West Palm Beach, Fla. Arnold P. Eisele, a Blue Earth native who owned and operated a pet store in West Palm Beach, Fla., for more than 40 years, died early Sunday at the John F. Kennedy Medical Center Hospice facility in West Palm Beach. He was 79.
Eisele grew up on a farm in Pilot Grove township. His parents, Albert and Susan Eisele, were nationally recognized writers for Catholic periodicals and for Midwestern newspapers, including the Blue Earth Post and Faribault County Register and Fairmont Sentinel. He is survived by his brother, Albert Eisele Jr., of Falls Church, Va., who visited him in the hospice the day before he died; a sister-in-law, Rose Eisele, of Albuquerque, N.M.; and eight nieces and nephews, including Mark Eisele, of Elmore.
He is also survived by a stepson, Michael Erickson, who was a partner in his pet store, and a stepdaughter, Debra Jay, of Grosse Point Farms, Mich., three grandchildren, and four great-grandchildren. Mrs. Jay is a professional interventionist, specializing in older adults, with a national practic, and co-author with her husband of several books on treating alcoholism and drug addition. Eisele's wife, Pauline Ann (nee Carlson) died in 1974.
Eisele, who opened his pet store in 1971 after moving from Long Island, N.Y., where he ran a sports promotion company, had been in hospice care since last Friday after being diagnosed with inoperable spinal and lung cancer by doctors at the JFK Medical Center. He had been in ill health for several years but continued to help his stepson run the busy pet store until last week.
Eisele requested that he be cremated. A private memorial service will be held in West Palm Beach in the near future. Contributions can be made in his honor to the Reef Environmental Education Foundation www.Reef.org, a grassroots organization that seeks to conserve marine ecosystems. Eisele was known for his sense of compassion and concern for others, which may have stemmed from the tragic circumstances surrounding his birth on Christmas Eve in 1932, the day before his two-year-old sister died of scarlet fever. Two other brothers died in infancy before he was born, and his older brother, Joseph, died in 1998.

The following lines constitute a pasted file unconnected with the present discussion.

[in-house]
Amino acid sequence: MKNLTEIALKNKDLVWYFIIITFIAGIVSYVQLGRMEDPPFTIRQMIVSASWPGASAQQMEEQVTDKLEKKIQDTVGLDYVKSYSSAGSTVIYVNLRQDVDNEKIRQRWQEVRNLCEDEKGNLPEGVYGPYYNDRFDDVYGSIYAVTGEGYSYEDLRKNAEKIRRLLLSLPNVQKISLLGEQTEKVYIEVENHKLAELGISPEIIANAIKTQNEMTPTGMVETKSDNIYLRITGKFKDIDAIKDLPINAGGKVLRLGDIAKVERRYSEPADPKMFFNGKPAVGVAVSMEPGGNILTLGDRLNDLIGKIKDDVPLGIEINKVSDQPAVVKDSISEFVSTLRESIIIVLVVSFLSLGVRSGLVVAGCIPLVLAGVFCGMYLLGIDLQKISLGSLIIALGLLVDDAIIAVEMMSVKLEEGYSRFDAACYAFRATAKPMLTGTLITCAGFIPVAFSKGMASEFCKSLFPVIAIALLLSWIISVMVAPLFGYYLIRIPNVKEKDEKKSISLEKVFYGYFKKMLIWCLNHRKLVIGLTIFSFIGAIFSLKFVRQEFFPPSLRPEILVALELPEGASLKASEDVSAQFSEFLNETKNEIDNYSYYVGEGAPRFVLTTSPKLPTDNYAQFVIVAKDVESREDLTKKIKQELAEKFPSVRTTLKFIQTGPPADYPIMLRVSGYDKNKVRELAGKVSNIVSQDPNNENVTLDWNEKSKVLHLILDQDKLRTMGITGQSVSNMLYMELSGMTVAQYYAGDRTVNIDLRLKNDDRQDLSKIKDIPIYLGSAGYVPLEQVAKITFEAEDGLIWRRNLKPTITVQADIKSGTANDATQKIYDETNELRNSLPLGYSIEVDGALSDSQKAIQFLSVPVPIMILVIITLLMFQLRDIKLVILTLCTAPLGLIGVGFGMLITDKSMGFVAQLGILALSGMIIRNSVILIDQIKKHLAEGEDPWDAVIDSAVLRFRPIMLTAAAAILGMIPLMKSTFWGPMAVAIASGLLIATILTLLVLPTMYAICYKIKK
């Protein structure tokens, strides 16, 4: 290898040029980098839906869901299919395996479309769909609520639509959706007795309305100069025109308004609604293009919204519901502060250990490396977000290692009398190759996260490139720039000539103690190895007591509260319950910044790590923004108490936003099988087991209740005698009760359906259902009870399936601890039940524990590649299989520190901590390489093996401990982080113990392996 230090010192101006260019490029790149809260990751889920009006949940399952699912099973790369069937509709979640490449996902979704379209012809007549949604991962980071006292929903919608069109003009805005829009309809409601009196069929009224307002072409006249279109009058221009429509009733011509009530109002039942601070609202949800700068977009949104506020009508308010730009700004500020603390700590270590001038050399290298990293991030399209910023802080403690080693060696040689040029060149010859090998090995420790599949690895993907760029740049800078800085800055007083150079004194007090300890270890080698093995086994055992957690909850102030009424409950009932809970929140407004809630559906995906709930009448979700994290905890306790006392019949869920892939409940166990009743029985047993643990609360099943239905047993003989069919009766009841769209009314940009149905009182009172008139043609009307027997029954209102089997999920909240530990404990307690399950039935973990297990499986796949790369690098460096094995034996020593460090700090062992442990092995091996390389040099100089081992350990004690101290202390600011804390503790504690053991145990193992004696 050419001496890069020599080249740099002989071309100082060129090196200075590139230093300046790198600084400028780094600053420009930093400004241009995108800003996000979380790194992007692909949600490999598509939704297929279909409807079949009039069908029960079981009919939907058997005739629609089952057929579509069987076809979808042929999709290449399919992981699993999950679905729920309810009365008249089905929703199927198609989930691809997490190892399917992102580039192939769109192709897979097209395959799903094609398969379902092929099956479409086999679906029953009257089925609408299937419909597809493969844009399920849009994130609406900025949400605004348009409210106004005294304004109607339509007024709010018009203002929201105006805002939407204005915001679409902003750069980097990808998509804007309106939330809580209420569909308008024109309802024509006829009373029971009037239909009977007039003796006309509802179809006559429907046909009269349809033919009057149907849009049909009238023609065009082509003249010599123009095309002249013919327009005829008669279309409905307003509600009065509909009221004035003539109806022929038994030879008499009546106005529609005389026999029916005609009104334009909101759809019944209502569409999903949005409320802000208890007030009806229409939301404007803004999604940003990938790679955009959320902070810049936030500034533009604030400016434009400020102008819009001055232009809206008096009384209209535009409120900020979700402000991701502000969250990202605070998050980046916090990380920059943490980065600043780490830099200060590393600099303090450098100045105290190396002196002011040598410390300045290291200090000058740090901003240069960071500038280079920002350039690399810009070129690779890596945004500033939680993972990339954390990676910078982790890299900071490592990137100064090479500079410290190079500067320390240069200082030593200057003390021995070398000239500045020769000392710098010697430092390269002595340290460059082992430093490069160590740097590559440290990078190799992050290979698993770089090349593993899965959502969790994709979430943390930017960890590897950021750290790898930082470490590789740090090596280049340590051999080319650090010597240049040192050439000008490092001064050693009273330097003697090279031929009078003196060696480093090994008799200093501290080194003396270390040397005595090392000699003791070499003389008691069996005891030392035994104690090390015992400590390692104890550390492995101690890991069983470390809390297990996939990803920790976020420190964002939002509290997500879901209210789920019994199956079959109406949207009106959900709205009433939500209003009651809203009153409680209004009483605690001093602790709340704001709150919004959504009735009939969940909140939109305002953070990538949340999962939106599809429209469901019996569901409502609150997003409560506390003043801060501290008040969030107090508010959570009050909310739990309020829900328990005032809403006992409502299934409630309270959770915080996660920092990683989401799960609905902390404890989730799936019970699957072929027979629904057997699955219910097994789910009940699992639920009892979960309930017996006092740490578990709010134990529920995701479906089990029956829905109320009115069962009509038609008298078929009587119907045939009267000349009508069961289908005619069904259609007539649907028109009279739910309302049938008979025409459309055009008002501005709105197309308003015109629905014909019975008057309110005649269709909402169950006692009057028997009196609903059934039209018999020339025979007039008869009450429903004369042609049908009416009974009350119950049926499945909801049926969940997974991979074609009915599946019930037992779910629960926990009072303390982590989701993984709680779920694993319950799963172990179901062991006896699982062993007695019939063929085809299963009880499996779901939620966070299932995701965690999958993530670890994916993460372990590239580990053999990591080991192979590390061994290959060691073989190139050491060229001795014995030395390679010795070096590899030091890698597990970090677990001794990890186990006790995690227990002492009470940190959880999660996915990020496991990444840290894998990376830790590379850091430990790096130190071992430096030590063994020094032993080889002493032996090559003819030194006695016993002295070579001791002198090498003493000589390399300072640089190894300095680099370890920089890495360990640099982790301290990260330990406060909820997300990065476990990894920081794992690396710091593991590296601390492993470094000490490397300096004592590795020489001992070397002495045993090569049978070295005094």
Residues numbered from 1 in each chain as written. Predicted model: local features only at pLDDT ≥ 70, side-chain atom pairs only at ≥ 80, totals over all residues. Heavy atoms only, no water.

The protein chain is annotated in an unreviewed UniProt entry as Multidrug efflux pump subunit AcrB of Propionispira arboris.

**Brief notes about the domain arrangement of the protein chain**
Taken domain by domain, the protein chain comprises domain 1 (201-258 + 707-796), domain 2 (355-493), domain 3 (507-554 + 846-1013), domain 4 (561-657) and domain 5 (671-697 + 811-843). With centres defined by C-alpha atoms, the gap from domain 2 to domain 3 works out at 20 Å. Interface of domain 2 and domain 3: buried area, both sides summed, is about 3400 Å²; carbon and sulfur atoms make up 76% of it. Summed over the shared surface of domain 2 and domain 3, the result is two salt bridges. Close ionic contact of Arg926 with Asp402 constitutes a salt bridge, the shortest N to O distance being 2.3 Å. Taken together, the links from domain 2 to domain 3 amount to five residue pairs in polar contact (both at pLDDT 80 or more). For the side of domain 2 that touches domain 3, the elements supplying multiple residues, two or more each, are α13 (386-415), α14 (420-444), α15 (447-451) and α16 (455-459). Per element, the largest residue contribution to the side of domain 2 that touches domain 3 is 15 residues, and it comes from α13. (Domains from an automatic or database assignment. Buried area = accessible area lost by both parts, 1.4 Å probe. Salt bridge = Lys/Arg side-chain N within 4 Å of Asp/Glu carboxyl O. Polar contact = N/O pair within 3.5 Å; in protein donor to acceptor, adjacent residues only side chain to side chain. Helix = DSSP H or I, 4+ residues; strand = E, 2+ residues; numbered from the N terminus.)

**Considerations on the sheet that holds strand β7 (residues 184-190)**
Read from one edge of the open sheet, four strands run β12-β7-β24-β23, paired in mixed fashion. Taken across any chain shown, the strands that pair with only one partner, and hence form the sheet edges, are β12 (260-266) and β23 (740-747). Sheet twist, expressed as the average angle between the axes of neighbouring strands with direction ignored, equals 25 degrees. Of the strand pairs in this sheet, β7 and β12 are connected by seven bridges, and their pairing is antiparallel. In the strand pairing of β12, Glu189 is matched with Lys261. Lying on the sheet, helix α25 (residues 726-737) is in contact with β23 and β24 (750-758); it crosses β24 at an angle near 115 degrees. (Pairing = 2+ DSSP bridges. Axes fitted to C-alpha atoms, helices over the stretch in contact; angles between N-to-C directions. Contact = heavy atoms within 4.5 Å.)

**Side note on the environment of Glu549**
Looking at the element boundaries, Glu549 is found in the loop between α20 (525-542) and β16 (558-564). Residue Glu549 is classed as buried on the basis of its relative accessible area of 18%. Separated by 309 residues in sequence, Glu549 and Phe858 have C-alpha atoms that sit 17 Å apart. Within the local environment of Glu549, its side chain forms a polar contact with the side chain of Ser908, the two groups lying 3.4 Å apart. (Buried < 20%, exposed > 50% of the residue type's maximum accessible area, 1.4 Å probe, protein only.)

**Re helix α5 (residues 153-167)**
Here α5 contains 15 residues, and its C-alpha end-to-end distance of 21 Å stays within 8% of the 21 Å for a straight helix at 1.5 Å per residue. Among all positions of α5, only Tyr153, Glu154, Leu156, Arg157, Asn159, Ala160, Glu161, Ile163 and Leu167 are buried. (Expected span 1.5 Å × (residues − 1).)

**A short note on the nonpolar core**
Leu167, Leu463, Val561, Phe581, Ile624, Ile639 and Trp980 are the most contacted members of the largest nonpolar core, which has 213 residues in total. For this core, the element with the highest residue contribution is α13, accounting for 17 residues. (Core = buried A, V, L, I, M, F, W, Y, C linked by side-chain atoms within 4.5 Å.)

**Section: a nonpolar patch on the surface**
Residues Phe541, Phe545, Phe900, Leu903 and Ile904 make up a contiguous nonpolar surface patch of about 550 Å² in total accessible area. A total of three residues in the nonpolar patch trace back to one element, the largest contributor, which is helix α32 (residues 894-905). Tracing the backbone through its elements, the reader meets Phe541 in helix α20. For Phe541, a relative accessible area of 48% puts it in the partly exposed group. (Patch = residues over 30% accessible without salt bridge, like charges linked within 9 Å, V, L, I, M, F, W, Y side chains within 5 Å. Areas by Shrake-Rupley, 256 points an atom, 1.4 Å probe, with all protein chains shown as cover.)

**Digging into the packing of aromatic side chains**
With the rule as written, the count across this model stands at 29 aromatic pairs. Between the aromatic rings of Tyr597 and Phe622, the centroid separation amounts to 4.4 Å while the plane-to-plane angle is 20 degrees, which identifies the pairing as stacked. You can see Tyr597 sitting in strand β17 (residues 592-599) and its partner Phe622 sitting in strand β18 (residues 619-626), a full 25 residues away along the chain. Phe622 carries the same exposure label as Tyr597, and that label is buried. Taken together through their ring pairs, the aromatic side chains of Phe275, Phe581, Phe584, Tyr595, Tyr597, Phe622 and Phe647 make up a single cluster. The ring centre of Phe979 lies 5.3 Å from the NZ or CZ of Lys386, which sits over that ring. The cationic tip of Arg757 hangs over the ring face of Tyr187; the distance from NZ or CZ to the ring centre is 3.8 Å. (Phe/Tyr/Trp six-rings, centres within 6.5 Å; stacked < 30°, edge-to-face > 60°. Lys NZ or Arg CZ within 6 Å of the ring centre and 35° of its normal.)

After graduating from Blue Earth High School, where he starred in track, Eisele entered the seminary at St. John's University and Abbey at Collegeville, in 1951, to study for the Catholic priesthood. In 1952, he transferred to the seminary of his home diocese at St. Mary's College in Winona, where he received a bachelor's degree in 1954. He spent three more years in theological and pastoral studies at the St. Paul-Minneapolis Archdiocesan seminary in St. Paul, before deciding to leave in 1957, one year before he was to be ordained.
Although he decided he did not have a vocation for the priesthood, Eisele remained a faithful Catholic and received the last rites of the Catholic Church on Saturday, just before his death. He was a generous supporter of many charitable causes and those in need, including a Haitian relief effort headed by his stepson.
Eisele was an avid reader and collector of rare books and sports memorabilia. His extensive collection of books included several anthologies of fiction by prominent Catholic writers, including his father.
Eisele told his brother that said he once paid a friend $800 for a baseball that had been signed by all the members of the championship 1941 New York Yankees, including Joe DiMaggio and four other future members of the Baseball Hall of Fame. He did so, he said, because he was a lifelong baseball fan and his friend "needed the money."
After hearing of Eisele's death, Dr. Richard Sieve, an obstetrician and gynecologist in Saratoga, Calif., who became a close friend while both were in the seminary at St. Mary's College in 1953, and had kept in touch with him through the years, expressed his condolences.
Dr. Sieve, a native of Worthington, recalled that he stopped in West Palm Beach about five years ago, and visited Eisele at his pet store. "We had a great time together but his help didn't show up that day," he said in a telephone conversation Tuesday, "and he was so busy we didn't get to visit as long as either of us wanted to."